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The Importance of Taking Breaks

The Importance of Taking Breaks 

If you've listened to the latest podcast episode or read the latest Creative Digest newsletter, you know that I'm planning to take a few weeks off from both of those projects.

Breaks are important, you guys. In a world that is overly connected, those of us who create content often feel as though we have to churn out new, wonderful, amazing things for you to read, watch or listen to all the time. The internet never sleeps and it's really easy to feel as though you may become irrelevant if your blog or podcast (or YouTube channel, or Instagram feed, or, or, or...) goes dark for a bit.

Thing is: the more I take breaks, the more I realize that's simply not the case! I've also come to realize that I'm 100% better at my job (and better at life, if I'm being honest) when I allow myself the opportunity to step back and take a breather.

So as planned, the first break of CYOP Season 3 is upon us! You can expect new episodes to start rolling in sometime in late May. If you're a new subscriber to the Creative Digest (welcome!), you'll see the weekly newsletters pick back up around the same time.

I will likely have some blog posts popping up here and there over the next few weeks, but mainly I'll be spending the time:

  1. On a much-needed vacation with my husband.
  2. Working on some really fun freelance projects.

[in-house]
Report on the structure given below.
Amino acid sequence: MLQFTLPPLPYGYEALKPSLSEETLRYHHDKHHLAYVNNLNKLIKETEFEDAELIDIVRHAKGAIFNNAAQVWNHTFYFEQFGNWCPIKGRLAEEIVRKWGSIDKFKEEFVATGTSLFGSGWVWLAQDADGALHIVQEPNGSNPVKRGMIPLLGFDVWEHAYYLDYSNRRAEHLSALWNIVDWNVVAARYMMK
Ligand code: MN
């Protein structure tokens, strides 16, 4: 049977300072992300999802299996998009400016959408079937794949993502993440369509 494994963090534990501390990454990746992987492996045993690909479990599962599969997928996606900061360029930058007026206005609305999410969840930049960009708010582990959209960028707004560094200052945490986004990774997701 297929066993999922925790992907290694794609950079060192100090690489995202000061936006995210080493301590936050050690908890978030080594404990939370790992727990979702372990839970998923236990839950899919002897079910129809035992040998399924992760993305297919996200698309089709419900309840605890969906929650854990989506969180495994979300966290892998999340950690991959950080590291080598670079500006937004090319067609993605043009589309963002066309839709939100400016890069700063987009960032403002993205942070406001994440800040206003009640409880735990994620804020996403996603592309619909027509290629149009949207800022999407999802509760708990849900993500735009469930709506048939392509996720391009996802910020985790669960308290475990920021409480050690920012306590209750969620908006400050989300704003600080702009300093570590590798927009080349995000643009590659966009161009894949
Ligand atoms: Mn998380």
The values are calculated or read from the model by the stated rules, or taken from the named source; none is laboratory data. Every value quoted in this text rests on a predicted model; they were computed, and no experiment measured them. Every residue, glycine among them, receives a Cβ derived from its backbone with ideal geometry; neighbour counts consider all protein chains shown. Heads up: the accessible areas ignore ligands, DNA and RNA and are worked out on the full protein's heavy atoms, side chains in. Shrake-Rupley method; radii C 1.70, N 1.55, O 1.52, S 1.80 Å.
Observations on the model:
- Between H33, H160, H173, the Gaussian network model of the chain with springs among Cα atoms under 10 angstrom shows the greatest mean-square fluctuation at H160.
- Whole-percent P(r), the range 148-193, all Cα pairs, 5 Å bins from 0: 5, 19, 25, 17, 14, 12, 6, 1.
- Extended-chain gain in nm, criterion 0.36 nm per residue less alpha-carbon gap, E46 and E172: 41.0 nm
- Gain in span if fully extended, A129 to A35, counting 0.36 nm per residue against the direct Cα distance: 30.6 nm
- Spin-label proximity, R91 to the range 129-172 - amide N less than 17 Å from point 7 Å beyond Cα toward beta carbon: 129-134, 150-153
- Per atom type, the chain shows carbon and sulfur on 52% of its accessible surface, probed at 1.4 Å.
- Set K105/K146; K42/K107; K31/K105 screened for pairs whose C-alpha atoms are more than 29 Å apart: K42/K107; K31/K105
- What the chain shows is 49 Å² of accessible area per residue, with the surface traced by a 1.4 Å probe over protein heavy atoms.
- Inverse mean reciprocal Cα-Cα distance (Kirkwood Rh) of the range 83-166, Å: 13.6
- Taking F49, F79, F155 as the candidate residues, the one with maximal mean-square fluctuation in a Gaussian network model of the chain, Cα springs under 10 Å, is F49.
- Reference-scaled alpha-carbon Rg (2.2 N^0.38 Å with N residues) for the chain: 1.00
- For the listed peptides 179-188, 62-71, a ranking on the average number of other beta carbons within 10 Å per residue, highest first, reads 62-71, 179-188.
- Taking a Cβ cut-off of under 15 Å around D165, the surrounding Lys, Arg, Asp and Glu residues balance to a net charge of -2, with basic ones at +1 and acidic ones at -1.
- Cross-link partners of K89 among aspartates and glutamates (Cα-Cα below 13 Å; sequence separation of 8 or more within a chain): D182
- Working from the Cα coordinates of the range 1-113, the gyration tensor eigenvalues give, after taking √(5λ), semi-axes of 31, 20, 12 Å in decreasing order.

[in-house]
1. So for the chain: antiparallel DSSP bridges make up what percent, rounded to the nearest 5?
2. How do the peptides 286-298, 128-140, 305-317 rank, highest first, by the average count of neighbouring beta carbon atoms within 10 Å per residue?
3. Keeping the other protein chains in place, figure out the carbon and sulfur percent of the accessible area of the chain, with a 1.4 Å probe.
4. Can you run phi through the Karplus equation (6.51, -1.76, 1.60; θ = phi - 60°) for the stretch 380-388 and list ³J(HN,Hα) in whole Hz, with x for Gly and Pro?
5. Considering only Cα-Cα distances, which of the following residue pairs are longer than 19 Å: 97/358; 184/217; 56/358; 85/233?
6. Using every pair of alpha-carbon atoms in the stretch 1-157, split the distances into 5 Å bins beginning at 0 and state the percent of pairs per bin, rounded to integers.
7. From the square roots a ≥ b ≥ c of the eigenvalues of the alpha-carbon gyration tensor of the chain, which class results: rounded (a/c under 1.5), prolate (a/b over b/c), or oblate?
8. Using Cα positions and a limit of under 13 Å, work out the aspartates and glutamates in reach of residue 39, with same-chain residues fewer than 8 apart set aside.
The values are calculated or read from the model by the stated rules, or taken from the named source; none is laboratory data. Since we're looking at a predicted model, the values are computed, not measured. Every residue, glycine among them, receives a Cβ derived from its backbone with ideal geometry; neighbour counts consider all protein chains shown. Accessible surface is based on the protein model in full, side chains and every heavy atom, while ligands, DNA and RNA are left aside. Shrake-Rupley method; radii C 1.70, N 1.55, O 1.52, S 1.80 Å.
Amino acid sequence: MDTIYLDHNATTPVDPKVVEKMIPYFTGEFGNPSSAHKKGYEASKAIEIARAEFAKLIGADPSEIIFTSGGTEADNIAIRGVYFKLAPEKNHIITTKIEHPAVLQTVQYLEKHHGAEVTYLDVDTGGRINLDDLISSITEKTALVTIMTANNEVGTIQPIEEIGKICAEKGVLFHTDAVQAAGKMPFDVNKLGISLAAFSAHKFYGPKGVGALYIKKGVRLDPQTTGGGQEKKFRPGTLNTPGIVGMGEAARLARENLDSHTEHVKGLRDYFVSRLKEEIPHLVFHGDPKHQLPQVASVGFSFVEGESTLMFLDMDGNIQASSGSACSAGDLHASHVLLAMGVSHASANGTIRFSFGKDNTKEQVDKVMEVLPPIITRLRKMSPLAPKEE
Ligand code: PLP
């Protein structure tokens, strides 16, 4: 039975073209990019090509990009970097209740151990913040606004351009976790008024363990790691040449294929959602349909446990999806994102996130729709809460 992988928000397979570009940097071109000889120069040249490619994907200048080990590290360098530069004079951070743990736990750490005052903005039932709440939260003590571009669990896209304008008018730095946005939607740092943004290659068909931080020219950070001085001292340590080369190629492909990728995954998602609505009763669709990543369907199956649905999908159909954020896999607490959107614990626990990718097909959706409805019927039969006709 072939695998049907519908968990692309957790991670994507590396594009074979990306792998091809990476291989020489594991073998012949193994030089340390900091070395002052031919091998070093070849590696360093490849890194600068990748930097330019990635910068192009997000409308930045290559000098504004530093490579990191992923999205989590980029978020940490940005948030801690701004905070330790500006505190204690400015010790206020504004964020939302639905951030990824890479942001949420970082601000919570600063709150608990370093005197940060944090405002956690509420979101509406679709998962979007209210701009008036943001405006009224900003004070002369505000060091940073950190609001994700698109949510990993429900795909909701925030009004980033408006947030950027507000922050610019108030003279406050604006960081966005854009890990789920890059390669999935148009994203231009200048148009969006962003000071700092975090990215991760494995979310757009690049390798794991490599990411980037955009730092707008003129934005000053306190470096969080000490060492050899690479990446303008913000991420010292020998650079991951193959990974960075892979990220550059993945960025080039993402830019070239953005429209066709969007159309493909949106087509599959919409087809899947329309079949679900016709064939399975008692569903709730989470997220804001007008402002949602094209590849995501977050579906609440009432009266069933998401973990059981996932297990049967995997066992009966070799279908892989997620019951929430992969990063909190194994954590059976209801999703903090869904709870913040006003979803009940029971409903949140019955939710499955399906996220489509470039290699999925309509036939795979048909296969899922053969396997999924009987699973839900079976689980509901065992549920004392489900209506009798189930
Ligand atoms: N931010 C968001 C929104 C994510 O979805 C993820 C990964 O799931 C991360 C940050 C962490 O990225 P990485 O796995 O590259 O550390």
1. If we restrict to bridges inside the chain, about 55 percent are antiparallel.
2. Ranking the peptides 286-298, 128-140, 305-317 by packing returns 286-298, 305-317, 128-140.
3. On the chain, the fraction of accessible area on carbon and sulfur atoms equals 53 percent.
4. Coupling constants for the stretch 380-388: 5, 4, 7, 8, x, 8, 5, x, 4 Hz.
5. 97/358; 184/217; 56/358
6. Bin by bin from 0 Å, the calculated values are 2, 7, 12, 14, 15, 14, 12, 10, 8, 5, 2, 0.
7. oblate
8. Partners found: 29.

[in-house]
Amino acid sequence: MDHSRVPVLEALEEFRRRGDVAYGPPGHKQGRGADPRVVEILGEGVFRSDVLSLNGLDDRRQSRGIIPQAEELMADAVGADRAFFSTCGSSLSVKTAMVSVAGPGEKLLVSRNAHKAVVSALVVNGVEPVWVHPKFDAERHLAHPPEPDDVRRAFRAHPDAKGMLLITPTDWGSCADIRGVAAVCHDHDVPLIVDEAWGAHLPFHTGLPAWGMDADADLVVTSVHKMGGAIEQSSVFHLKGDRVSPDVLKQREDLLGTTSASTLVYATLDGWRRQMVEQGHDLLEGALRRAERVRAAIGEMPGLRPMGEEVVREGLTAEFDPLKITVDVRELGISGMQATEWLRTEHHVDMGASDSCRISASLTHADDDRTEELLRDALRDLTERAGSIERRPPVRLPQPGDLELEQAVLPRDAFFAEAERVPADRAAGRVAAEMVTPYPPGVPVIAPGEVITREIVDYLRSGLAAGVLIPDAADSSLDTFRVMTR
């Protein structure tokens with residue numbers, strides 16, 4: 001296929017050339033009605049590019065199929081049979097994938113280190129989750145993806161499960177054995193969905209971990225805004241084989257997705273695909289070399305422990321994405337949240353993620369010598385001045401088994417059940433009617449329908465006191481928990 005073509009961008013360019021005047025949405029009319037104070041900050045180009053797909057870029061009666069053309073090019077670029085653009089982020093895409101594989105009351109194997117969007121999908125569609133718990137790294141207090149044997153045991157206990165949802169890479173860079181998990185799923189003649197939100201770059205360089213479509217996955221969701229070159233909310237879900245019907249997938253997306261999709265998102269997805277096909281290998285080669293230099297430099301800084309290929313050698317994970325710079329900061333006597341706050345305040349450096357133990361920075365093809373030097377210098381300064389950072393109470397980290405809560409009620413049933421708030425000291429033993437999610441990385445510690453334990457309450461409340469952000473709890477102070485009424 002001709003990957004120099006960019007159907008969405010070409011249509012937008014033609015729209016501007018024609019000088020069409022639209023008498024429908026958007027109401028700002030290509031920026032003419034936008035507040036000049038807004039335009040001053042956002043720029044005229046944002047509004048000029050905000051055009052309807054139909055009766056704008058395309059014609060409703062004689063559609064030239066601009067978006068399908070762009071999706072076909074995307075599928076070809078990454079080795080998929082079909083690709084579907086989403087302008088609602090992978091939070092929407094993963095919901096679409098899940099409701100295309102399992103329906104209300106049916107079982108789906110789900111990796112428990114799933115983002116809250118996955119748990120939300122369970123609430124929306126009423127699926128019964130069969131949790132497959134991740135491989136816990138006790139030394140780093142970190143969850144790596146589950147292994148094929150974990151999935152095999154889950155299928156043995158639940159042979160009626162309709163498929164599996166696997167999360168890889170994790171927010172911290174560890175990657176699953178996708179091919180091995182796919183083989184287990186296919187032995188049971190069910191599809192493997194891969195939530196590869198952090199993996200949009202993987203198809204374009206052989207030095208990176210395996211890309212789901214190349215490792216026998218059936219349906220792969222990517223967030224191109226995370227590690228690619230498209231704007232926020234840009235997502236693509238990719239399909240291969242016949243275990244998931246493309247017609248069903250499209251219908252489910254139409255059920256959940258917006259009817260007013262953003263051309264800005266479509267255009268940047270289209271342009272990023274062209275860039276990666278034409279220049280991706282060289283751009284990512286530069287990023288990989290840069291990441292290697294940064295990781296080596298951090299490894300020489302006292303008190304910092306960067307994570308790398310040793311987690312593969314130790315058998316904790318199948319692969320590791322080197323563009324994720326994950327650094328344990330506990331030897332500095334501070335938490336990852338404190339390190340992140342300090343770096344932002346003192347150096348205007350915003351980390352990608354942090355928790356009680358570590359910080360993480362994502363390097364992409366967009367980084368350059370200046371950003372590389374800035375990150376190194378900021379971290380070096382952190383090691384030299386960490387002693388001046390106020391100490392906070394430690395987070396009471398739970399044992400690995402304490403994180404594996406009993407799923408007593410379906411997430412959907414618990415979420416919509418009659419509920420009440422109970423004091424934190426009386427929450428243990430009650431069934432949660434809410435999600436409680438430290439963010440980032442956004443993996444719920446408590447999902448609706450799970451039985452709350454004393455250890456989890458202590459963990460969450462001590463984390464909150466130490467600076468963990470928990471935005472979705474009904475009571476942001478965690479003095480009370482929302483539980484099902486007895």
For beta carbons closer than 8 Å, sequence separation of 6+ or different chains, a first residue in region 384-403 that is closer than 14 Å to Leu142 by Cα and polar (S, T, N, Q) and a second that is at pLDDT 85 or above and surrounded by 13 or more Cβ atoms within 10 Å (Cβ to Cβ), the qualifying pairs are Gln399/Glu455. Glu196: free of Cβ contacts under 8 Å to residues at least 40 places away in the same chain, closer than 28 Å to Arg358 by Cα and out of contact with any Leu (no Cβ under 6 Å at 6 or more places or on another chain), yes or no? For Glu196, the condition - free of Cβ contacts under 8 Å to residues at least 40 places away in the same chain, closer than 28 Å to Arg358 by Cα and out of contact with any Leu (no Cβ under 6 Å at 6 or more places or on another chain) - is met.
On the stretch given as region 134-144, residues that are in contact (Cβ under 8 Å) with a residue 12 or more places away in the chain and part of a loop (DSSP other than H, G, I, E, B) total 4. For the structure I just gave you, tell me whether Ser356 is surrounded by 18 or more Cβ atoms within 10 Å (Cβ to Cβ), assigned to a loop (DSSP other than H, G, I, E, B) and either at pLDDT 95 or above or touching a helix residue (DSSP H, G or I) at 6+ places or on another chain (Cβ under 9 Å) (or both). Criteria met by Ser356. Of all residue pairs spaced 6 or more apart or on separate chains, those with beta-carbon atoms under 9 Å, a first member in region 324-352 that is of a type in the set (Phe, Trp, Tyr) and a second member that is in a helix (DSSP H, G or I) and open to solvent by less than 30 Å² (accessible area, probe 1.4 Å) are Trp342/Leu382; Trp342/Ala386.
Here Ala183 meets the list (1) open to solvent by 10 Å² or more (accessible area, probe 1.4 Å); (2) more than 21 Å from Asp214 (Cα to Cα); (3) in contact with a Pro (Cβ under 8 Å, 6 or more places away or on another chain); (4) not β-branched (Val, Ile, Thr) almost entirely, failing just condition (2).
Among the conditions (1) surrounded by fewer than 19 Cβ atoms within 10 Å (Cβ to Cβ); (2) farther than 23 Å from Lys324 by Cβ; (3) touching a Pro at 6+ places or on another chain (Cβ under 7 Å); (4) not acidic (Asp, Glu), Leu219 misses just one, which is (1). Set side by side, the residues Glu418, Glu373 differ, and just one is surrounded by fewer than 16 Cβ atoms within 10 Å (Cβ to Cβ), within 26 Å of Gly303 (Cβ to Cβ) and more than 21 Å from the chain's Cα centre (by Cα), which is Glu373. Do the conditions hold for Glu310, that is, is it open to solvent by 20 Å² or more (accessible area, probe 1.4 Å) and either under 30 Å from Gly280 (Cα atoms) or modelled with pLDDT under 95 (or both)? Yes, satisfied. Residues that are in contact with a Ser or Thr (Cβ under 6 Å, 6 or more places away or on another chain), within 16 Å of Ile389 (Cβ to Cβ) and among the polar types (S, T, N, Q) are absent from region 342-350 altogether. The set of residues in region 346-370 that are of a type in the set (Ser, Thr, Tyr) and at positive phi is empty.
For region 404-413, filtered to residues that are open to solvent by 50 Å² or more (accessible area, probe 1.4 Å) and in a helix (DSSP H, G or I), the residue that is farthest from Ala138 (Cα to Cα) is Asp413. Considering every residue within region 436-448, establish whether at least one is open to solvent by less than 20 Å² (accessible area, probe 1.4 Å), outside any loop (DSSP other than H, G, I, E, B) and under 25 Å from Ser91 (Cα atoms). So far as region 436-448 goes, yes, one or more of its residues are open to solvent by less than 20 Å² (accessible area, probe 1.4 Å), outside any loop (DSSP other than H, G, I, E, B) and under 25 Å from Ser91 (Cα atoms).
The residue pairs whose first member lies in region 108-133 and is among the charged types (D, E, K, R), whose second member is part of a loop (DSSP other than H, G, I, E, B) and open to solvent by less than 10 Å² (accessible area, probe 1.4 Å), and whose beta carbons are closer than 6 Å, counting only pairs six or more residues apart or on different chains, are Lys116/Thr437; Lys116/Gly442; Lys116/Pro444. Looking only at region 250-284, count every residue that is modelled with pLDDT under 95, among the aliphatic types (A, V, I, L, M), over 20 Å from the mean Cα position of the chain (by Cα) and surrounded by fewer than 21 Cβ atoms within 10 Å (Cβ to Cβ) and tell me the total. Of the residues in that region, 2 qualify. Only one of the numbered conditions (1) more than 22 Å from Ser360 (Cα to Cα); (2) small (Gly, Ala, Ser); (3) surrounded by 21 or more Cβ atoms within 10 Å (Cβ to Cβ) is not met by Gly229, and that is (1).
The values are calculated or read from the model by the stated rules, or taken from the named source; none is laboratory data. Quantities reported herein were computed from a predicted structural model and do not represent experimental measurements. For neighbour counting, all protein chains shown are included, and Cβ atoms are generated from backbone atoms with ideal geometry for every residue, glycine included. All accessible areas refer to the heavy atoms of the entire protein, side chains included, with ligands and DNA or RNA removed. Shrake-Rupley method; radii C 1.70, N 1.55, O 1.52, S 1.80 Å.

3. Prepping for a few upcoming events.
  4. Pre-recording podcast interviews.
  5. Taking care of myself!  

I know you all can probably relate in some way to this need to press pause and I really appreciate that about you. I'm curious: have you ever taken a hiatus from projects or the internet, in general? How'd it go? Let's talk about it!



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Glacier National Park: The Hike to Avalanche Lake

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The hike to Avalanche Lake is great for two reasons:

  1. It's not super long and you get some fantastic views.
  2. You kind of get a two-for-one deal because it branches off of another trail. 

This is the first hike we went on after arriving in Glacier National Park and halfway through is about the time we declared Glacier as the best national park EVER.

The hike begins with the Trail of the Cedars, which is an accessible loop trail consisting of boardwalks and paved surfaces. While it wasn't the most challenging part of the hike that morning, I loved that it was accessible for those in a wheelchair and I instantly thought of my mom's friend Jeri who writes about accessible travel over at Anything is Possible Travel (you'd love it, Jeri!).

As you can see, we started out the hike on a dry morning. That didn't last.